For simplicity, we assume the swimmers move along straight paths at a fixed speed . The velocity field induced at point  by a swimmer is , with the time dependence reflecting the motion of the swimmer. The main ingredient in the model is the finite-path drift function  for a fluid particle, initially at , affected by a single swimmer:

(1)

Here  is the swimming distance. To obtain  we must solve the differential equation  for each initial condition . Assuming homogeneity and isotropy, we obtain the probability density of displacements Pushkin and Yeomans (2014),

(2)

where  is the area of the unit sphere in  dimensions: , . Here  is a random variable that gives the displacement of the particle from its initial position after being affected by a single swimmer with path length . We denote by the pdf of . Because of the isotropy assumption, only the magnitude  enters (2).

Before we continue with finding the pdf for multiple swimmers, let us investigate how the variance of displacements evolves. The second moment of  is

(3)

This typically goes to zero as , since a single swimmer in an infinite volume shouldn’t give any fluctuations on average. We write  for the random particle displacement due to  swimmers; the second moment of  is

(4)

with  the number density of swimmers. This is nonzero (and might diverge) in the limit , reflecting the cumulative effect of multiple swimmers. Note that this expression is exact, within the problem assumptions: it doesn’t even require  to be large.

The expression (4) will lead to diffusive behavior if the integral grows linearly in  (or if the swimmers change direction Lin et al. (2011), which we shall not treat here). Surprisingly, it has been found to do so in two distinct ways. In the first, exemplified by bodies in inviscid flow Thiffeault and Childress (2010); Lin et al. (2011), the support of  grows linearly with , but the displacements themselves become independent of  when  is large. The intuition is that the swimmer pushes particles a finite distance as it encounters them. As we wait longer, the volume of such displaced particles grows linearly in , but once particles are displaced they are left behind and suffer no further displacement. This diffusive behavior is thus appropriate for very localized interactions, where the only displaced particles are very near the axis of swimming. This tends to occur in inviscid flow, or for spherical ‘treadmillers’ in viscous flow. See Fig. 1 for an illustration.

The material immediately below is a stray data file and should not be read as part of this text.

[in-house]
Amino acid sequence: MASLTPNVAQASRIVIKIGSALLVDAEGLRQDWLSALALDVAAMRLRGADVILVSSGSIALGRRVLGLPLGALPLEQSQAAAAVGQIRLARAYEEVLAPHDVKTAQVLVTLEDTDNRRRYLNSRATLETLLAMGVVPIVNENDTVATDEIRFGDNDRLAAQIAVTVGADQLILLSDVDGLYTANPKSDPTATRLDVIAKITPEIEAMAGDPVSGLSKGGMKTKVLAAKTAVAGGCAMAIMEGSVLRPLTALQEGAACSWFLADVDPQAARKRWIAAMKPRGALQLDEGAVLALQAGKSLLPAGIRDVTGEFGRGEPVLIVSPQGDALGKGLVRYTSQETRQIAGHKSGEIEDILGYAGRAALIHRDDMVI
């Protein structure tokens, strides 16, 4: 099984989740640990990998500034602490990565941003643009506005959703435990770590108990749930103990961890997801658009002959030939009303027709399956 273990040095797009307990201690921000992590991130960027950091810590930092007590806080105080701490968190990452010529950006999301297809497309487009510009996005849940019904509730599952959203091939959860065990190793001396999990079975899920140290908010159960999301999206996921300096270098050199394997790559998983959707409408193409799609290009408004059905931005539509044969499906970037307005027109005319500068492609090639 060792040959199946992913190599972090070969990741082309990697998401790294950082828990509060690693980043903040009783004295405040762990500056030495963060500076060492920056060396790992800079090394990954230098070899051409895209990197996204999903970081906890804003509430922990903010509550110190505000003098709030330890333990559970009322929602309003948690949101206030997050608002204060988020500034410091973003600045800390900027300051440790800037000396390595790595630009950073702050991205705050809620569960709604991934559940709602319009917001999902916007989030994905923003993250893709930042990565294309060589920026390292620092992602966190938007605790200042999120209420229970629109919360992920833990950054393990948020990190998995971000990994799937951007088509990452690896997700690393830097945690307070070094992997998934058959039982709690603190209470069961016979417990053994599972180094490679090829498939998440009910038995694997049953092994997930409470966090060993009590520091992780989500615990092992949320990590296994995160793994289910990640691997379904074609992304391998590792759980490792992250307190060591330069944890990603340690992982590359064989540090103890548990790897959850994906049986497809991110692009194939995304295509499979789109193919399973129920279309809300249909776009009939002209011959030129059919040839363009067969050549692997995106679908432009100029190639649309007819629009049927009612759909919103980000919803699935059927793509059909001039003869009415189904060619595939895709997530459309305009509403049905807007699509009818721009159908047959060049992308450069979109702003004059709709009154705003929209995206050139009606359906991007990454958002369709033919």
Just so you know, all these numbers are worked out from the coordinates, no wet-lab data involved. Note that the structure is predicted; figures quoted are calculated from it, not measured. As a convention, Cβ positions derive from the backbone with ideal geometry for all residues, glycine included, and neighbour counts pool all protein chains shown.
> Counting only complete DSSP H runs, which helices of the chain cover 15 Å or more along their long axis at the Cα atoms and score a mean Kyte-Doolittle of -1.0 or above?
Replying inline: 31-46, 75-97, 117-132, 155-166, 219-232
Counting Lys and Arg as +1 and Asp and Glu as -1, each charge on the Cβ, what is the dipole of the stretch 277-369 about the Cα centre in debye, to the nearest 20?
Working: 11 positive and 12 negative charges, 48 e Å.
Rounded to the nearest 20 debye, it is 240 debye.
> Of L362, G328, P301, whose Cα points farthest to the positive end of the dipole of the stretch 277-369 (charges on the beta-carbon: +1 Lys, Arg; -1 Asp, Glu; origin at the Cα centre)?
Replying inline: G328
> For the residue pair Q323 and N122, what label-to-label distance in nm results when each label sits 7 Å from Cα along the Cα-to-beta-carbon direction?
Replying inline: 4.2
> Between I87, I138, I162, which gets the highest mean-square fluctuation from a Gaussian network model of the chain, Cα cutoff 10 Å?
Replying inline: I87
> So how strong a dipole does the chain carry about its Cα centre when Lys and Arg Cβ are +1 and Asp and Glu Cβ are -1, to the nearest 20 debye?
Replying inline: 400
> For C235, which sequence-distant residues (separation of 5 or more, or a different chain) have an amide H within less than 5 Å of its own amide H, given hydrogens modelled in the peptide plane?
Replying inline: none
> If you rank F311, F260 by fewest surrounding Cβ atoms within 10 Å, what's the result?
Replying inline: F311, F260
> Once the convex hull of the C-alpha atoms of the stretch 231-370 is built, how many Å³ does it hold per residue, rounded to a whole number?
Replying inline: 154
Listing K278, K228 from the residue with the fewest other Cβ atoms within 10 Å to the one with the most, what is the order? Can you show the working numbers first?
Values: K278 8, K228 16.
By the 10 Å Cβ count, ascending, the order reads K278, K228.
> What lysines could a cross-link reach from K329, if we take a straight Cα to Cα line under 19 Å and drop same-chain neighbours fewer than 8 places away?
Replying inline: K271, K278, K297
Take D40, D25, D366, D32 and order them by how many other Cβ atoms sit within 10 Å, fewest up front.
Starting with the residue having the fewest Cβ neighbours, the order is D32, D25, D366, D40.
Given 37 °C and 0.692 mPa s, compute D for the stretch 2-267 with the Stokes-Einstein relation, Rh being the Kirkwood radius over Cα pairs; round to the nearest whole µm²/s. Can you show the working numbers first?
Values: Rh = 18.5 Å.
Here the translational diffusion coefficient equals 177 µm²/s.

Figure 1: The natural log of  (integrand of (4) with ) for (a) a sphere of radius  in inviscid flow, moving a path length  (top) and  (bottom), plotted on the same scale. The scale of the integrand doesn’t change, only its support. Here  with  the swimming direction and  the distance from the  axis. (b) Same as (a) but for a stresslet velocity field. The integral (4) grows linearly with  for both (a) and (b).

The second situation in which (4) shows diffusive behavior even for straight swimming paths is when the far-field velocity has the form of a stresslet, as is the case for a force-free swimmer in a viscous fluid. This diffusive behavior was observed in Lin et al. (2011) but it was Pushkin and Yeomans (2013) who provided a full explanation. For a stresslet swimmer, the main contributions to (4) come from  of order , so it is appropriate to use a point singularity model swimmer for large . In that case the drift function has the scaling , where  is a dimensionless variable and the function  is independent of  for large  Pushkin and Yeomans (2013). Inserting this form in (4), we find

(5)

The integral of  converges despite having singularities Pushkin and Yeomans (2013). We thus see that the integral in (4) grows linearly in  for very different reasons than our first case: here the volume of particles affected by the swimmer grows as  (particles are affected further and further away), but they are displaced less (since they are further away, see Fig. 1). Any truncation of the integral in (5) (because of finite volume effect) will lead to a decrease in the diffusivity, a possible origin for the decrease in diffusivity with path length observed in Jepson et al. (2013). Note also that the reorientation mechanism discussed by Lin et al. (2011) is not necessary in this case to achieve the diffusive behavior, as pointed out by Pushkin and Yeomans (2014).

Having addressed the growth of the variance, we continue with finding the pdf of displacements for multiple swimmers. We write  for a single coordinate of  (which coordinate is immaterial, because of isotropy). From (2) with  we can compute , the marginal distribution for one coordinate:

(6)

Since , the -function will capture two values of , and with the Jacobian included we obtain

(7)

where  is an indicator function: it is  if  is satisfied, otherwise.

The marginal distribution in the three-dimensional case proceeds the same way from (2) with :

(8)

Again with  the -function captures two values of , and with the Jacobian included we obtain

(9)

Now we integrate over  to get

(10)